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Helping to improve the practice of cheminformatics

As we take over the editorial reigns of J. Cheminform. we would like to present our goals for the journal and our views on where cheminformatics as a field is headed and how the journal may influence it. As editors our overarching goal is to disseminate cheminformatics research and practice that is impactful and useful within the community. Open Access publishing remains central to this, as well as continued innovation in simplifying reuse of published work. This includes encouraging FAIR [1] outputs and clear, open licensing, resulting in research products that can be reused and reproduced. Recent updates to the journal’s website exemplify our attempts to encourage reuse of data from articles (e.g. integration with FigShare).

In parallel with good publishing practice, we want to focus the journal on innovative research in, and the practice of, cheminformatics. This leads to an obvious question: what do we consider cheminformatics? An answer to this allows us to judge where innovation lies. Very broadly, cheminformatics addresses the generation, representation and manipulation of chemical information, with the chemical structure at its foundation. And thus innovation can occur at multiple levels, starting from the chemical structure itself (non-graph representations, learned representations) to novel ways to integrate chemical information with other data types (such as sequence data or protein structure data). At the same time, it is important to understand the bottlenecks and challenges in dealing with chemical information. While not necessarily novel, discussion of how organizations deal with chemical information problems and practice cheminformatics, which tools work and which do not, are all valuable contributions to the field.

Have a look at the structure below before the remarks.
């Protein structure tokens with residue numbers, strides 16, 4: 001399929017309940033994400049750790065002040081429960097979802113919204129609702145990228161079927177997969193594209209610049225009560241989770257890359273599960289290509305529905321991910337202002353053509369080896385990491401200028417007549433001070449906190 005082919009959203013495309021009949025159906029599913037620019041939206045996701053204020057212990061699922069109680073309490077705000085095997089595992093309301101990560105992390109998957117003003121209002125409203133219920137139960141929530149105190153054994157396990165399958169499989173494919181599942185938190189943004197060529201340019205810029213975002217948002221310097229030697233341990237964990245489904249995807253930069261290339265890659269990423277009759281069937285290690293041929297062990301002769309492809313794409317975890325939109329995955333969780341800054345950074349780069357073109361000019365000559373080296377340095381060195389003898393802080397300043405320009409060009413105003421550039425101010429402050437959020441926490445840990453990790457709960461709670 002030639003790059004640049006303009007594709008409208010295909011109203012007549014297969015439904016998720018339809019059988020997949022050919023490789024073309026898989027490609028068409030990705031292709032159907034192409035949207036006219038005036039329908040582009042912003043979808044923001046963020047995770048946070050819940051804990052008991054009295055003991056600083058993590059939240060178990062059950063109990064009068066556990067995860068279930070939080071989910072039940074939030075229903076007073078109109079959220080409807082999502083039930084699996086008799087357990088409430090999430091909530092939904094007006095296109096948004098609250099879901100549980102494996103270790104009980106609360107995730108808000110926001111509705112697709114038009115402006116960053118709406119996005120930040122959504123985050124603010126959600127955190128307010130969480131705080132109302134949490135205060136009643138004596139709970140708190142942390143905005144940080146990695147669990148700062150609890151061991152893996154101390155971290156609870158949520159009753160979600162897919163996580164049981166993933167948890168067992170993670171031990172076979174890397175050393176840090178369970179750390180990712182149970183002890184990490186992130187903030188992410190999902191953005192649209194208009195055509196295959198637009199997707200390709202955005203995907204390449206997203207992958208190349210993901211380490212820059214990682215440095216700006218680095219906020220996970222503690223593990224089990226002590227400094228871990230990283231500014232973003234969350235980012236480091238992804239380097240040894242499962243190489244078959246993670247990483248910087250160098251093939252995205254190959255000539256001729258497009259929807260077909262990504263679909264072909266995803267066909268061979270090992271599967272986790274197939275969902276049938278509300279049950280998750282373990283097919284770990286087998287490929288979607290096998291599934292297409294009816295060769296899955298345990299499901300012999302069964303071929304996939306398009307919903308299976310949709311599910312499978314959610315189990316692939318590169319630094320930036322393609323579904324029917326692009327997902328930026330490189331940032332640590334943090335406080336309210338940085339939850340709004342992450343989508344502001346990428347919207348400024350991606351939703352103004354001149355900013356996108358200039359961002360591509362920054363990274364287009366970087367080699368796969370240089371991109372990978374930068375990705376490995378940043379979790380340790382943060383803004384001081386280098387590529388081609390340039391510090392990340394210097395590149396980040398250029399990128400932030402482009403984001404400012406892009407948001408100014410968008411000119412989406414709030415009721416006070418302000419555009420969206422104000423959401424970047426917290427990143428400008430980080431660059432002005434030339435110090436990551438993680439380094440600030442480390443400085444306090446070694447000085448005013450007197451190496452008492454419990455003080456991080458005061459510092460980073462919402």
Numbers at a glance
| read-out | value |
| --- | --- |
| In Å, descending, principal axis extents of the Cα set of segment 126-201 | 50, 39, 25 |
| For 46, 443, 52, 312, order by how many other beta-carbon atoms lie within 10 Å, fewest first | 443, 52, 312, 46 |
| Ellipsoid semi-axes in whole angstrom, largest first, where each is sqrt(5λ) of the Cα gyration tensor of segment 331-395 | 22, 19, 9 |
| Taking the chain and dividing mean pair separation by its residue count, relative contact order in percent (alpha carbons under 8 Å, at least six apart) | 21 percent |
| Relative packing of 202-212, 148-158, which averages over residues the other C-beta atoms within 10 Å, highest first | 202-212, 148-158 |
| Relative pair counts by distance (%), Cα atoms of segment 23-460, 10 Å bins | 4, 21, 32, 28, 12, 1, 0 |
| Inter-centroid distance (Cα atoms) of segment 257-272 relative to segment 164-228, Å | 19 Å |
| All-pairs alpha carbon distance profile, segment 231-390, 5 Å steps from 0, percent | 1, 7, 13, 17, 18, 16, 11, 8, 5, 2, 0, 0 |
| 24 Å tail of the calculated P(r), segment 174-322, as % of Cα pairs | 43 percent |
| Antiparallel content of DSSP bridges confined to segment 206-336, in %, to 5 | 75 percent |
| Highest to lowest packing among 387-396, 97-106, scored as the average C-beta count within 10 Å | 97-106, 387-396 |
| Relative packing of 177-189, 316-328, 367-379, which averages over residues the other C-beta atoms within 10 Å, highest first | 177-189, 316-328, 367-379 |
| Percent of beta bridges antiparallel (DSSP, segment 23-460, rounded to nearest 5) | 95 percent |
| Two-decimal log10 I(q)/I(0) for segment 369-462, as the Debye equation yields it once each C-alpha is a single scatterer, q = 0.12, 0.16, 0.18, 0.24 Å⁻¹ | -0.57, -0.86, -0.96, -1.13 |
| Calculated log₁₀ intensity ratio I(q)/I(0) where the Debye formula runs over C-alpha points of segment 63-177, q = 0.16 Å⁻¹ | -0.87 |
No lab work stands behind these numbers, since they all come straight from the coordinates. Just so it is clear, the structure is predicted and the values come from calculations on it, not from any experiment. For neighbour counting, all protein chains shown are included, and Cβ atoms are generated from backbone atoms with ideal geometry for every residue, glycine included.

Cheminformatics practice

Given the broad definition, it is useful to focus on a few areas that we feel are relevant to the future of the field. This aspect was touched upon by Wild [2] and more recently by others [3, 4], who focused on specific challenges, many of which remain open. Taking a broad view, we believe that the future of cheminformatics lies in addressing large scale chemical information, across different domains. Particularly, the increased size of chemical space that can be explored, either explicitly [5] or implicitly [6] leads to opportunities in many areas of cheminformatics including property prediction, searching and representing such massive chemical spaces. Given the interdisciplinary nature of the field [7], many of the problems associated with this vision will require a combination of expertise in computer science, statistics, chemistry and biology and we hope to encourage scientists, who are not necessarily chemists, to contribute their expertise via collaborations. While a vision provides us direction, it is useful to point out specific areas that we are actively looking to publish in. Examples include:

  • New methodology and work that address theoretical underpinnings of cheminformatics methods, such as new representations to complement QM and chemical graphs and methods to derive them;

  • Approaches to describe and model new data types such as compound combination responses;